We can say they have been ‘pushing’ for the UK’s permanent membership of EU structures because the EASP has been instrumental in placing these arrangements onto the government agenda without a single vote in Parliament and because difficult questions were always answered with highly questionable reassurance, if not outright deception, about the politically-binding nature of the EU structures.

The EASP and their ministerial masters are not the only culprits. Other teams involved in a push to attach the UK militarily to the EU have been the Foreign Office’s small UK Representative Office in Brussels, key individuals in the Cabinet Office’s Europe Unit and a tiny team of civilian human rights lawyers at the MOD, known as the European Bilateral Relations and EU Exit team.

No-one should underestimate the role of senior civil servants in this saga. Several factors point to this being a civil service-led programme. The sheer complexity of interlinking EU structures is a marvel of deception and a masterpiece of strategy and political control. It is impossible for anyone to have understood let alone coordinated attachment to these EU structures without having undertaken months of study.

It is impossible for MPs to do this in their busy Parliamentary schedule prior to becoming ministers and every minister has been bounced into this schedule of events shortly after taking officer.

It is impossible for a single minister to coordinate the safe passage of EU schemes through Whitehall without requiring the involvement of other departments of state. The timeline of UK consent, then attachment to EU defence structures since the Brexit vote in 2016 has been seamless, strategic, coordinated and clever, in spite of the fact that it has all apparently happened under a succession of very different ministers at the Foreign Office, Cabinet Office and Defence.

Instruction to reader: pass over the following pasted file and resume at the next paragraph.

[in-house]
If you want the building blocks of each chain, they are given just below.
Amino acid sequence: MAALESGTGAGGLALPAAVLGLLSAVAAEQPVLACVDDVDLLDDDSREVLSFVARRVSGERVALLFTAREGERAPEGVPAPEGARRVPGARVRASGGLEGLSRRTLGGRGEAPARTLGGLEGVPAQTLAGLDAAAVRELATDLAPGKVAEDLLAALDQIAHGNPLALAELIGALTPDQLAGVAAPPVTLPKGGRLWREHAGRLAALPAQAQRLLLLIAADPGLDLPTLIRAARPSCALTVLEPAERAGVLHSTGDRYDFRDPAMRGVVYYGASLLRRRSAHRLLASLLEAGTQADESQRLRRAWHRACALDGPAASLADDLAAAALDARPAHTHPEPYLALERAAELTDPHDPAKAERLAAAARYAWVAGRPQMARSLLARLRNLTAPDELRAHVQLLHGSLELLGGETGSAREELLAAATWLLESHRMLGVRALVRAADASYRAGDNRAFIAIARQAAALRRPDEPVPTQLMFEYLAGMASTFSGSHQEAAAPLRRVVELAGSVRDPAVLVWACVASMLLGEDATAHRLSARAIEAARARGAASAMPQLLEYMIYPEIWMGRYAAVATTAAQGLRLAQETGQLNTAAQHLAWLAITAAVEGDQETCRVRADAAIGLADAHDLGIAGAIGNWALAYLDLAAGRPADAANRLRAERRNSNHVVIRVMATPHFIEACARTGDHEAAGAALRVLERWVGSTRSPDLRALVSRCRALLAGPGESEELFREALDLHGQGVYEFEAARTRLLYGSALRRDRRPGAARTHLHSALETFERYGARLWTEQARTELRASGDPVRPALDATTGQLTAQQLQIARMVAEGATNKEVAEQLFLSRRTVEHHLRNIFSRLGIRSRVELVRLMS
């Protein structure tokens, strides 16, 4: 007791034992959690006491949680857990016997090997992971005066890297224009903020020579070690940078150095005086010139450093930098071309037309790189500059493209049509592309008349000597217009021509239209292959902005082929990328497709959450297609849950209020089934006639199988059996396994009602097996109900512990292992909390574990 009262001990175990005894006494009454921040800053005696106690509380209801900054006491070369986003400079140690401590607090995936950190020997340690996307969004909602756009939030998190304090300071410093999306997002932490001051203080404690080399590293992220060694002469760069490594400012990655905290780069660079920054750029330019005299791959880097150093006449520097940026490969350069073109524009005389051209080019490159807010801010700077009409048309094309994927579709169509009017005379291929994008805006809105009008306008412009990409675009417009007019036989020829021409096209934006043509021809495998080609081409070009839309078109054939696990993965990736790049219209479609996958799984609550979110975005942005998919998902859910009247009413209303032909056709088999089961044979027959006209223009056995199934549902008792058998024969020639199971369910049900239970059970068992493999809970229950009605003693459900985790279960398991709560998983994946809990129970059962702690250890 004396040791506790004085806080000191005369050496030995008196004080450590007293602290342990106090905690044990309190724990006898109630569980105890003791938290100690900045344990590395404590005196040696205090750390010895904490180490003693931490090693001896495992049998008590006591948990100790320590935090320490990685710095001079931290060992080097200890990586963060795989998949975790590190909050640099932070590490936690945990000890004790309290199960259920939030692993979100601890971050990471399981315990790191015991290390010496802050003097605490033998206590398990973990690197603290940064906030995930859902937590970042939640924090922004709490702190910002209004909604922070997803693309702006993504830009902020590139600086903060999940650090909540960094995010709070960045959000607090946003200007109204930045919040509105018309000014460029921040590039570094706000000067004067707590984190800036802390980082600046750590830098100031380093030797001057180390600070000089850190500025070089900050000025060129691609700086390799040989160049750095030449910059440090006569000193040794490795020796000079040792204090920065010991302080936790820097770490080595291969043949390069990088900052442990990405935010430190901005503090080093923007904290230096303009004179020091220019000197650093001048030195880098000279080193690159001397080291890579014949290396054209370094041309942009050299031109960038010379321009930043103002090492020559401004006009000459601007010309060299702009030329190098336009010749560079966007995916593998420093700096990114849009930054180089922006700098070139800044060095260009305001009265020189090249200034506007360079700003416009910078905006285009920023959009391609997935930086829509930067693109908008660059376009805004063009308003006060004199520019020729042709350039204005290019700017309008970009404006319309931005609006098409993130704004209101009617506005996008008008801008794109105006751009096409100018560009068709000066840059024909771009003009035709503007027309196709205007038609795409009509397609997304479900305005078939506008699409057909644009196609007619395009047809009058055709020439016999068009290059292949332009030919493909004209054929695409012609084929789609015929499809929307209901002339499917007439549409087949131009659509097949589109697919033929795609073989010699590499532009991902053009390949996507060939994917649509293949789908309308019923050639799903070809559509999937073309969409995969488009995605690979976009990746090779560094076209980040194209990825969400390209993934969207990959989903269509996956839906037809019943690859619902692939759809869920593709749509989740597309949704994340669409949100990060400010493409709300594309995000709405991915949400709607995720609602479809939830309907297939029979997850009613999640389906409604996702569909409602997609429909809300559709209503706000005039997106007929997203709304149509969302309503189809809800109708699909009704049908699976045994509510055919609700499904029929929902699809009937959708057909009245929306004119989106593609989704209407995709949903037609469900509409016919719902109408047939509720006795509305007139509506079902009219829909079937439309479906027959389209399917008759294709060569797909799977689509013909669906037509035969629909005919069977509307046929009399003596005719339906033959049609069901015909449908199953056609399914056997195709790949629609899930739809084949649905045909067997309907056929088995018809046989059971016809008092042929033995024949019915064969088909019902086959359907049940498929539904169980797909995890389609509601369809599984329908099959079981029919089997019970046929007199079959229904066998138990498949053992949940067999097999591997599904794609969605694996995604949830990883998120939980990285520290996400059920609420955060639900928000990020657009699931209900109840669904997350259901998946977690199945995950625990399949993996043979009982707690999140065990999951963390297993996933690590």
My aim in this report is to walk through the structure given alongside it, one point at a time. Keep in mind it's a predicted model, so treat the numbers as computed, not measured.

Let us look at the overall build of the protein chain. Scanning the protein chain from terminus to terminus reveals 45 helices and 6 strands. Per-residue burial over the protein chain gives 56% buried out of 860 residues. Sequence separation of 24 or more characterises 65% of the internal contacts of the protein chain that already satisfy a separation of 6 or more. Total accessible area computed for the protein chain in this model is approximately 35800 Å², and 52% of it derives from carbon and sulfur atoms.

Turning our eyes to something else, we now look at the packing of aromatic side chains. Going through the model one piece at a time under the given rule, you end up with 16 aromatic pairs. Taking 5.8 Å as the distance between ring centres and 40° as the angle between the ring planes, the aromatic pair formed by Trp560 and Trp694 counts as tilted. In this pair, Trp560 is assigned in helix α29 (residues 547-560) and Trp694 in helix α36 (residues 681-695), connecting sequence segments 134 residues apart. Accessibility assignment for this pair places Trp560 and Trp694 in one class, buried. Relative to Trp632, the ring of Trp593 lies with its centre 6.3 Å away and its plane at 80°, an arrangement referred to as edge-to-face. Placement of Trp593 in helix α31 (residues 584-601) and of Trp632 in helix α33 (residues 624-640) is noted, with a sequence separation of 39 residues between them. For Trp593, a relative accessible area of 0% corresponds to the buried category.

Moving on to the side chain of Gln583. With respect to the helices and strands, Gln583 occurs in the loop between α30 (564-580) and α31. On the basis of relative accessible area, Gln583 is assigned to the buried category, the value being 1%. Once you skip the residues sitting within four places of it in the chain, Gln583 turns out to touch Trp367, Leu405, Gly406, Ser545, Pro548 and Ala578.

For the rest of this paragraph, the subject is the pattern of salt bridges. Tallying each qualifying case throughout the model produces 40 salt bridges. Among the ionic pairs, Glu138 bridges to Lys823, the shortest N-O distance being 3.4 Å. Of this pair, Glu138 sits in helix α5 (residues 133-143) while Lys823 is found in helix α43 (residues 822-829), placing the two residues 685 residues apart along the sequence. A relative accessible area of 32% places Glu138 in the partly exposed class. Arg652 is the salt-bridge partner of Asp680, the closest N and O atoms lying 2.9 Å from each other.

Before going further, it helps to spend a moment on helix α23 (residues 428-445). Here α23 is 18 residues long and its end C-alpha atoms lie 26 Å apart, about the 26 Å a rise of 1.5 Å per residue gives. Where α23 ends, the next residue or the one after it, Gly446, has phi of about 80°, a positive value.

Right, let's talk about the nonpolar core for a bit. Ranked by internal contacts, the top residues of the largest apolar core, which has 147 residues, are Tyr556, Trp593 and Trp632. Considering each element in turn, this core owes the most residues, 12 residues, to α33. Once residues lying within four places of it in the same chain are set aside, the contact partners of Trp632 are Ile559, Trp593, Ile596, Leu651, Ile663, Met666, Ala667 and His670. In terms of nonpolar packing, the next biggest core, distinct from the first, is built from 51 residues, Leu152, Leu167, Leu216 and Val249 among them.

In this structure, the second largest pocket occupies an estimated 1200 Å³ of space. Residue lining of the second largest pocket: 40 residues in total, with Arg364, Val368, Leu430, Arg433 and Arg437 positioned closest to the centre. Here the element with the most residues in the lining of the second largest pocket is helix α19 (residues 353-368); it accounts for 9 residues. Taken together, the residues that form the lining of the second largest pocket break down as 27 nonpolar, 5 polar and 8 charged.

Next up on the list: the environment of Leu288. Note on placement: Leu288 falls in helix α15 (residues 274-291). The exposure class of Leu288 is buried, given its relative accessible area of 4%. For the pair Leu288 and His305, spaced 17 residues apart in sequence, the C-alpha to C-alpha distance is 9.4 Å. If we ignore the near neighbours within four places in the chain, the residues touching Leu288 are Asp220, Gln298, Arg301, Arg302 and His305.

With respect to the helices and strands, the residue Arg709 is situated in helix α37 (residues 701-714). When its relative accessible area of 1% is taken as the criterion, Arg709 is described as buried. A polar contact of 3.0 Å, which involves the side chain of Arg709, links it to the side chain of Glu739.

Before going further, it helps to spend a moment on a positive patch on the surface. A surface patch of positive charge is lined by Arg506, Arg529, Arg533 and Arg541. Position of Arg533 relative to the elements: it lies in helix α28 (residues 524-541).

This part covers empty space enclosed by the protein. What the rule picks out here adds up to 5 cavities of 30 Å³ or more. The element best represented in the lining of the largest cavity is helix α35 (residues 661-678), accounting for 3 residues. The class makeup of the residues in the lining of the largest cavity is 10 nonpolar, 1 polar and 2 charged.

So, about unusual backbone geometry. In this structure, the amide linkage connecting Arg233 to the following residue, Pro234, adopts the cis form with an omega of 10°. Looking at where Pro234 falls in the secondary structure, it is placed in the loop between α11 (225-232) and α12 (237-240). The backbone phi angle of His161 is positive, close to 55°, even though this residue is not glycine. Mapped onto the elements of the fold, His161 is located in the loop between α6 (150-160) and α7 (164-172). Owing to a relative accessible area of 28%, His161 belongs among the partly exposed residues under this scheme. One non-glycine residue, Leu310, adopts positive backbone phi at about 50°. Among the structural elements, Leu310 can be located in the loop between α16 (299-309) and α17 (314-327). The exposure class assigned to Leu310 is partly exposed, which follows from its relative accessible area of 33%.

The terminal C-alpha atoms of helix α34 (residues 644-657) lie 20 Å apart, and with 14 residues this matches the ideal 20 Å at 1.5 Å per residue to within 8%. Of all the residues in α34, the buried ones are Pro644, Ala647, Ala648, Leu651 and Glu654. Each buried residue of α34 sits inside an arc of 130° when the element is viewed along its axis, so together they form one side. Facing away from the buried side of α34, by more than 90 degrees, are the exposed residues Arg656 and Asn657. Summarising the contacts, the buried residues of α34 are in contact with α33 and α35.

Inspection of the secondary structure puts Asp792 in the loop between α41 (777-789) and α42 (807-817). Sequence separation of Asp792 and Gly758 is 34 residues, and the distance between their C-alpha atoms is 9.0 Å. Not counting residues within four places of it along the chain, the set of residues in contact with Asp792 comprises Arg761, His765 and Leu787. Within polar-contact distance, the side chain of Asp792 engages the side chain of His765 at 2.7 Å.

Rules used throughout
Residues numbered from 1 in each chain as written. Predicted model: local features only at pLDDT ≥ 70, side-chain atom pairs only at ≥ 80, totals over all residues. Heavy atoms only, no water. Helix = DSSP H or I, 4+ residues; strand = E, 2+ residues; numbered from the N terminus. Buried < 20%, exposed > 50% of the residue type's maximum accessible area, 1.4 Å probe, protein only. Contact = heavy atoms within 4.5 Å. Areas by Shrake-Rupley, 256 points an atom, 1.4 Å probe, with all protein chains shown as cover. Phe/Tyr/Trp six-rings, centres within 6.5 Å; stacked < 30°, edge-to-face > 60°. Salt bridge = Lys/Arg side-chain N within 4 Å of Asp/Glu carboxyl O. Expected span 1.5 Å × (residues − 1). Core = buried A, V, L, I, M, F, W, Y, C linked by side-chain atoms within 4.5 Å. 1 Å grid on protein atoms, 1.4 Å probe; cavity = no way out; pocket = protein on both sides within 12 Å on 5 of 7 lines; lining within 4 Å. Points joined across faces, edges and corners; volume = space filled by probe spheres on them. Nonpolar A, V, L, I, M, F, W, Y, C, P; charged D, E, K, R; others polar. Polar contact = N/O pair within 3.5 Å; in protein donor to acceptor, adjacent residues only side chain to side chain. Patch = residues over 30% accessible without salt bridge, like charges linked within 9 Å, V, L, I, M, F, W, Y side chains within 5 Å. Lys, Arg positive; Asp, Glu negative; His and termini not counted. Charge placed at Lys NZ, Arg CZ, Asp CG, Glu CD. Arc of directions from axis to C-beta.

No senior minister has uttered a word about UK involvement in EU defence union structures. We’ve only seen junior ministers wheeled out and even then it has been simply to deny that the EU structures have any relevance. The similarity of those junior ministers’ words to the output of the EASP indicates that they are simply following a script. The same ministers, when put on the spot in front of select committees, have been much less confident. On every occasion that junior ministers have been called to give account, they have fumbled and become quickly confused over EU defence acronyms, turning to their officials for assistance. The mauling they have received from Parliamentary committees has been stunted, however, due to MPs’ own lack of knowledge for want of proper advice from Whitehall and Parliamentary committee clerks and House of Commons researchers.

What follows is a whistle-stop 17-point description of the strategy used by senior mandarins and remain ministers in relation to UK involvement in EU defence integration since those individuals became upset with the UK’s Brexit vote in 2016.



Strategy used by Civil Service / Remainer ministers 2016 – 2019:

  1. Join EU joint defence schemes
  2. Con MPs by saying ‘it’s for industry’
  3. Don’t tell them we’d be a rule-taker
  4. Keep command link as a surprise for later
  5. Make them think UK can ‘pick + choose’
  6. Disguise EU policy under ‘UK strategy papers’
  7. Develop a narrative which distracts from UK industrial losses as a result of EU rules
  8. Get industry on board with EU structures, say they’re pushing for it
  9. In the exit deal, mention just 3 EU joint defence structures, just ones we said were ‘for industry’
  10. Don’t need to name the others structures, just say we’d have the maximum commitment to those 3 and that they require wider legal obligations to other instruments under EU law
  11. That way we’re committed to join those other structures anyway
  12. Backstop means Northern Ireland would face being cut from the UK if we try to wriggle out
  13. Downplay the defence part of deal
  14. Tell people it’s just ‘continuity’ and ‘no change’. They’ll think it’s just the 2015 version of EU defence.


  1. If exit deal fails, just put all this in a trade deal
  2. Say ‘without defence the trade deal fails’
  3. Emphasise UK involvement we arranged in EU defence grants since exit negotiated started and say money would be lost if we don’t stay attached.